I have thought of another way of looking at this. Significance testing is all about the probability of the observed data given a model and statisticians are experts at this. They are aware of a number of models and can select models that best predict the observed data i.e. the probability of the data given the model is high including subtle characteristics of the data such as autocorrelation. However, going right back to basics, this is not the same as the probability of the model. To estimate that we need an a priori estimate of the probability of the model independent of the data (which can be modified somewhat by the observed data). This is where the subject matter expert comes in. They can look at a model proposed by the statistician and say “if that happened it might explain the data but I am afraid the world doesn’t work like that”.

  50. Steve McIntyre
    Posted Jan 9, 2006 at 11:59 AM | Permalink

    #48. Mark, GCMs are not run thousands of times – that’s one of the problems. Ammann told me that 25 years of model-time took one calendat day of supercomputer time. So there has never been even one run of a GCM covering the Pleistocene – anything that’s been run is something quite different. But you must recognize that you are really dealing with single runs of GCMs. Presumably these have been selected and we don’t know much about the selection process. There are more than one model, but in each case we are dealing with selected single runs – so, if there is a monoculture (as there is), there is a real possibility of systemic choice-making (from a statistical point of view).

    It is also a very real issue whether GCMs are properly “grounded” in physical reality, not least of which is that the parameterizations used in GCMs are ad hoc methods of “solving” Navier-Stokes on a gridcell basis, but there is no proof that you can expand Navier-Stokes from the micro-basis that it is shown to apply to, to gridcell aggregates.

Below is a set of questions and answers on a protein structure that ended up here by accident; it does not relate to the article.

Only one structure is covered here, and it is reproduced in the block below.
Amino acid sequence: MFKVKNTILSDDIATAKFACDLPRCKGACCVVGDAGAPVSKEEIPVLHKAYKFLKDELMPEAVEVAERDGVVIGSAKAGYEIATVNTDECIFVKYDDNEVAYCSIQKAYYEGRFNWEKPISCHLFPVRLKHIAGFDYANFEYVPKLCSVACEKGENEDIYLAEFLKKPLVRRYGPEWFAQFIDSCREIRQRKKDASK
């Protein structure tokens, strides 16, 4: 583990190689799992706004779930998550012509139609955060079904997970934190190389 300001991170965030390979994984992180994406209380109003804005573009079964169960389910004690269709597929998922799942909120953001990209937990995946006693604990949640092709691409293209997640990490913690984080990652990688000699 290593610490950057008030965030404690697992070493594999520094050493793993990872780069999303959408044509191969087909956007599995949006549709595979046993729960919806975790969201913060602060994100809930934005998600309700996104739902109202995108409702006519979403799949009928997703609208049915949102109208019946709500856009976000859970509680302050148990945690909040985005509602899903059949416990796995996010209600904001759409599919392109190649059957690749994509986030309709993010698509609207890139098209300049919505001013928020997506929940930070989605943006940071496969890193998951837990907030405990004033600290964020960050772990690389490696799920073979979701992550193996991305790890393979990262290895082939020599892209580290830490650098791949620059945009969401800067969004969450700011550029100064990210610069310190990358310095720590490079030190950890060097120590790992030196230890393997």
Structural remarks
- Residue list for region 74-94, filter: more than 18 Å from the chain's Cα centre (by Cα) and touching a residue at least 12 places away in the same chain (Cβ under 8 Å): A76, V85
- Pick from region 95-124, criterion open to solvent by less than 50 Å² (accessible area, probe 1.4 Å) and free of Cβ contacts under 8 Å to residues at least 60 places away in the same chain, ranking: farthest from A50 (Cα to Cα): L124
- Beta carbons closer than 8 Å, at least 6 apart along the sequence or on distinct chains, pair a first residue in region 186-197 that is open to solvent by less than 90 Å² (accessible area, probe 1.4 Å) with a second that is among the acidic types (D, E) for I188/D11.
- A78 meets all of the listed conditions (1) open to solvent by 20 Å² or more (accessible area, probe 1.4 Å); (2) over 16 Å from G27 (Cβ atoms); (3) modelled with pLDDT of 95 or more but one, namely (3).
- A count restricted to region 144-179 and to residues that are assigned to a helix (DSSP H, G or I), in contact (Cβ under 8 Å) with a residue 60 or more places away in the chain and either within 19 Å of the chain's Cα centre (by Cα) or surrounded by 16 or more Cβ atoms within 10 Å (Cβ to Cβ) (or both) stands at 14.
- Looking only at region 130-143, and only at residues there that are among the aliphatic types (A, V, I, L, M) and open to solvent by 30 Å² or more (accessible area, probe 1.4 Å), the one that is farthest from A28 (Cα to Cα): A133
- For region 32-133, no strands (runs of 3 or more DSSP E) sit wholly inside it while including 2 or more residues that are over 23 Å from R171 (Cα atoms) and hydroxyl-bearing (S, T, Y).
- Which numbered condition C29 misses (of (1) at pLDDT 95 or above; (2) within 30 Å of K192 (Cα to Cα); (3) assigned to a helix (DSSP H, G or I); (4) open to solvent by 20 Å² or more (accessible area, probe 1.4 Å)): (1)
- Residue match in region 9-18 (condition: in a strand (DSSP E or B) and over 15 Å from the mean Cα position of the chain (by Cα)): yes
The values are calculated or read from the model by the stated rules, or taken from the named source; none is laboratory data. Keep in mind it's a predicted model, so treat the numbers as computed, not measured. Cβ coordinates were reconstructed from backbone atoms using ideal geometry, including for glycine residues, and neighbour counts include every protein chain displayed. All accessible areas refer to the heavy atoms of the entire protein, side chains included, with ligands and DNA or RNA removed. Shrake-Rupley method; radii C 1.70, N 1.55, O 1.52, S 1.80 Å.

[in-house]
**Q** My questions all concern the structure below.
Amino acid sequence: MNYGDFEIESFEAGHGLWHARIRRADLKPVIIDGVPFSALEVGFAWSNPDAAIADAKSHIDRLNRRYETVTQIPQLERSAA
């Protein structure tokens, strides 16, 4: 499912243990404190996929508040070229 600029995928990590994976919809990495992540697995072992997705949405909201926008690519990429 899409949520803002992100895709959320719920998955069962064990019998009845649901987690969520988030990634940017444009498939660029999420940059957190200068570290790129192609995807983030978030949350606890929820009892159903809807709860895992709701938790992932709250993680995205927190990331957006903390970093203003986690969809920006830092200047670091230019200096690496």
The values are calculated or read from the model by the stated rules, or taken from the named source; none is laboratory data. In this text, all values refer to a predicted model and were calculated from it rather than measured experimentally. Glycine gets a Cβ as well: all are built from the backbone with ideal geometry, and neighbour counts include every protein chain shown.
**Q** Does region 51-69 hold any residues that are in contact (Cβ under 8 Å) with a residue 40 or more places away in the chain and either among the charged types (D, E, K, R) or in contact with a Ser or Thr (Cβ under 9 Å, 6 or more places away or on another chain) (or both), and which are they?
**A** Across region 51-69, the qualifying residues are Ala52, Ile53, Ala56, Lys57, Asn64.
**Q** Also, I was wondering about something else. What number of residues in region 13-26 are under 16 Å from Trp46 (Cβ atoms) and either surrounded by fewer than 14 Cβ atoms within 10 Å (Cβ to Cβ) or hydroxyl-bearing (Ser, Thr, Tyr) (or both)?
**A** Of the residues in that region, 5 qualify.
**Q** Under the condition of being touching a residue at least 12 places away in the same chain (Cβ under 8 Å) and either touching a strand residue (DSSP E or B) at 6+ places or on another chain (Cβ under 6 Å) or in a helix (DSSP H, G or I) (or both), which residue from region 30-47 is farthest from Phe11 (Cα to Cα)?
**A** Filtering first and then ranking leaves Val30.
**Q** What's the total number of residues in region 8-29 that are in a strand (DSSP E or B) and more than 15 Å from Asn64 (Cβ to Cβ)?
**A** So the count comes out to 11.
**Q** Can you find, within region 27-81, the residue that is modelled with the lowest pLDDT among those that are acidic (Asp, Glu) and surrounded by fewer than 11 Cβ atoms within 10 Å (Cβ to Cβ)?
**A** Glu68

One way of testing the “grounding” itself is whether they generate autocorrelation features that match proxy information. I get the impresssion that they don’t do this very well – which points to potential problems in their methodology. If the data has persistence (as it does), then, if your models do not yield similar persistence, it seems evident to me that there must be some problem with the GCM and that you cannot rely on it to generate null distributions. (However, since you are dealing with single runs, they are not generating null distributions anyway.)

  51. Mark Frank
    Posted Jan 9, 2006 at 1:02 PM | Permalink

    Thanks for the info on GCMs. I might try and get some info on how they work on RC as I am not a known enemy 🙂

  52. John S
    Posted Jan 9, 2006 at 9:29 PM | Permalink

    Re #45
    By ‘better’ I mean either it fits the data better or forecasts better. There are numerous statistics that can measure this quantitatively (e.g. R-squared or forecast error variances)

    “If the simple model is created by tinkering with models until you find one that fits the data then it will almost certainly be “better” than the GCM model.”